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March 7, 2017
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Meetings Mean Business: New Travel Ban Doesn’t Address Several Industry Concerns




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U.S. President Donald Trump has issued a newly revised travel ban on immigration from six Muslim-majority countries, and major meetings industry organizations are striking a cautious note on what it means for the industry. 

“We recognize the substantially more cautious and deliberate introduction of the revised executive order on travel and immigration, however, several of the industry’s initial concerns remain unaddressed,” said Meetings Mean Business (MMB) co-chairs Richard Harper and Paul Van Deventer in a written statement.

A Meetings Mean Business survey conducted shortly after the original ban was implemented found that the majority of meetings industry professionals were concerned the order would harm the reputation of the United States. 

“Our industry is centered on bringing people together, fostering relationships, driving positive outcomes, and supporting communities where meetings and events are held,” said Harper and Van Deventer. “We reiterate our belief that striking the right balance between enhanced security and travel facilitation is of the utmost importance. We also continue to urge that the security reviews prescribed by the executive orders be concluded as quickly as possible.”

The Global Business Travel Association (GBTA) called the new ban an improvement, citing its narrower scope and greater clarity, but warned against any unnecessary disruptions to the travel industry.

“Any increased restrictions on passenger travel must be based in safety and security to ensure that the ability to travel is not impeded unnecessarily,” said Michael W. McCormick, GBTA executive director and CEO. “It will remain a focus of the business travel industry to hold disruptions to a minimum, and we will continue to monitor the implementation of this ban closely.”

The GBTA also said it would poll its global membership on the revised order’s impact on business travel.

U.S. Travel Association President and CEO Roger Dow struck a similar note in his response.

“The American travel community supports efforts to bolster national security, and the Trump administration deserves some credit for the substantially more cautious and deliberate introduction of the revised executive order,” said Dow. “Cabinet officials were on the right track with public statements welcoming lawful visa holders into the U.S. Unfortunately, it doesn’t appear that the administration fully seized the opportunity to differentiate between the potential security risks targeted by the order and the legitimate business and leisure visitors from abroad who support 15.1 million American jobs.”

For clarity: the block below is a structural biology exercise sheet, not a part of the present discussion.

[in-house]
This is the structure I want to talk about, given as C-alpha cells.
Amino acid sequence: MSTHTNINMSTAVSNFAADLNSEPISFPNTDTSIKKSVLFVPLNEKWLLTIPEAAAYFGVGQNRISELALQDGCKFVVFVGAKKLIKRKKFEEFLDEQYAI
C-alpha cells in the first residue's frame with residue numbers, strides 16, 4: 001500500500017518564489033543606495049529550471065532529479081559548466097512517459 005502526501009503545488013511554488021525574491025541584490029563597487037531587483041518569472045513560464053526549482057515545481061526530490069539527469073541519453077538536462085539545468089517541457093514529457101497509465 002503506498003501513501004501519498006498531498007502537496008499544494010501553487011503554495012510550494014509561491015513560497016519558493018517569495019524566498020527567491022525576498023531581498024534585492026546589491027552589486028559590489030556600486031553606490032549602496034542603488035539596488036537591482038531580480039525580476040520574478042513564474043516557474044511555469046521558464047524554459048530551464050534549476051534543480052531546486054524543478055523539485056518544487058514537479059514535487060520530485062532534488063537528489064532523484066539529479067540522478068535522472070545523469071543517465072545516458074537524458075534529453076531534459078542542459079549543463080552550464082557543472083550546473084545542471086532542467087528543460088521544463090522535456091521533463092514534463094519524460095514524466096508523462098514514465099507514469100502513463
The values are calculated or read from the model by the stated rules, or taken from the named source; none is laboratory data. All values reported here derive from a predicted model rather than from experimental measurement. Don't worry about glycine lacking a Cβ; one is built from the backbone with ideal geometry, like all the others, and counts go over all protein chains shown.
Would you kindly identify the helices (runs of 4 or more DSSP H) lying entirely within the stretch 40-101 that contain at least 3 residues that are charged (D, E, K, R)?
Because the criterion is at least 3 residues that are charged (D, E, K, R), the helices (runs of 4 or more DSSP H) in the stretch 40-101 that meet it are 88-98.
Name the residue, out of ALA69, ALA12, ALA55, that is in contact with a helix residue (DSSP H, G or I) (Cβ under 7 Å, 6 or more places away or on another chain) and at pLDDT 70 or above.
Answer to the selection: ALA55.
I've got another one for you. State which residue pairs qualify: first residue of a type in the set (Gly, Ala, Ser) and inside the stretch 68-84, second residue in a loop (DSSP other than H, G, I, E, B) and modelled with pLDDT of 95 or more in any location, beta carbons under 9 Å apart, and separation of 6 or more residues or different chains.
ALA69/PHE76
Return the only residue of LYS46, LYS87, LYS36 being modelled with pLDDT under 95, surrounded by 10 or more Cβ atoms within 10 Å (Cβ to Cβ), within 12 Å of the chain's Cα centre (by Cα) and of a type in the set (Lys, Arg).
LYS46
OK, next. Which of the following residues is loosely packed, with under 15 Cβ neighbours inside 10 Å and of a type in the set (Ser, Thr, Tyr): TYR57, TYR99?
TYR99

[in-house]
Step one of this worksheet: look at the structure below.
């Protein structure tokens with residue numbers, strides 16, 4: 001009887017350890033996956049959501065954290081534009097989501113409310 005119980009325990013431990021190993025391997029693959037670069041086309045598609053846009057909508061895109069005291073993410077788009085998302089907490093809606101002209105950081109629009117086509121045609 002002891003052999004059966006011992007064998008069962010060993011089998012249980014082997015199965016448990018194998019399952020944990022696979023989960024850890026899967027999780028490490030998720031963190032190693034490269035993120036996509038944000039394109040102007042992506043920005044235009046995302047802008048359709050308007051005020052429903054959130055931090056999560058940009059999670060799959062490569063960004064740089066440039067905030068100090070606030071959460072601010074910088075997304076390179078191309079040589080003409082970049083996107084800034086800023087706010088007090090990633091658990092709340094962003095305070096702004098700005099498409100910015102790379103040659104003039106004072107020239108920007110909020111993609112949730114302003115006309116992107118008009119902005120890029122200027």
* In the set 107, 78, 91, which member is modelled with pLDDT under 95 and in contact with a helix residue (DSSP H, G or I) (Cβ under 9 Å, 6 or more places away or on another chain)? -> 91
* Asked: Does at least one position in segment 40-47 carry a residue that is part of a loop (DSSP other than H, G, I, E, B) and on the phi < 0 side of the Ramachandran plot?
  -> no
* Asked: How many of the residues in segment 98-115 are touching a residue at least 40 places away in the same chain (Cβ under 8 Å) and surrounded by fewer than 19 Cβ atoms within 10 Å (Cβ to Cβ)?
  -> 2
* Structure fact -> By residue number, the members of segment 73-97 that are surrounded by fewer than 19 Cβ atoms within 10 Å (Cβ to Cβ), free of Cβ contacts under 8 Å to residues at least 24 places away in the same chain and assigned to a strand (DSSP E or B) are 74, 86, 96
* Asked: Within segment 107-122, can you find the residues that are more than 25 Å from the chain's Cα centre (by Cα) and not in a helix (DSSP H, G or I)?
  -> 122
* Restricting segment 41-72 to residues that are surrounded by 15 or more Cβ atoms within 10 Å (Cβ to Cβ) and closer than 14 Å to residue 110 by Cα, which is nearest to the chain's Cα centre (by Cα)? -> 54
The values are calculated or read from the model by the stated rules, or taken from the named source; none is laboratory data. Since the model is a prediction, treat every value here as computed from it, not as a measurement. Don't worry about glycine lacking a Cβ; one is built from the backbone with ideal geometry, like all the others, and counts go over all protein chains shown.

Dow said that it remains an open question as to whether or not the revised order will mollify prospective travelers from Canada, Europe or other destinations who may have been put off by the initial ban, promising that solid data on the initial ban’s impact would become available in the coming weeks.

In the meantime, early signs of the policy’s impact are mixed. According to just-released data from the U.S. Travel Association, international travel to the United States grew 7.8 percent year over year in January, marking the eight straight year of expansion – but U.S. Travel officials were quick to caution that most of this data had been collected prior to the initial ban, which was issued January 27. Another new report from New York’s destination marketing organization, NYC & Company, claimed that the ban was hurting inbound travel to New York, with NYC & Company forecasting a 2.1 percent decline in international visitors – the first since the onset of the Great Recession in 2008.

“These restrictions are creating an image problem for many international travelers, regardless if they’re included in the ban or not,” said NYC & Company spokesperson Chris Heywood.

The new ban drops Iraq from the list of banned countries, instead applying to Iran, Syria, Yemen, Somalia, Sudan and Libya – the other six countries from the original list. The new order also suspends the United States’ refugee program for 120 days, and lowers the cap on refugees from 110,000 to 50,000 per year.

Other changes: travelers from the affected countries who are legal permanent residents of the United States, dual nationals who use a passport from another country and those who have been granted asylum or refugee status are exempt from the new order. Additionally, current visa holders will be able to get into the country, although those whose visas expire will have to reapply.


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About the Author: Adam Leposa



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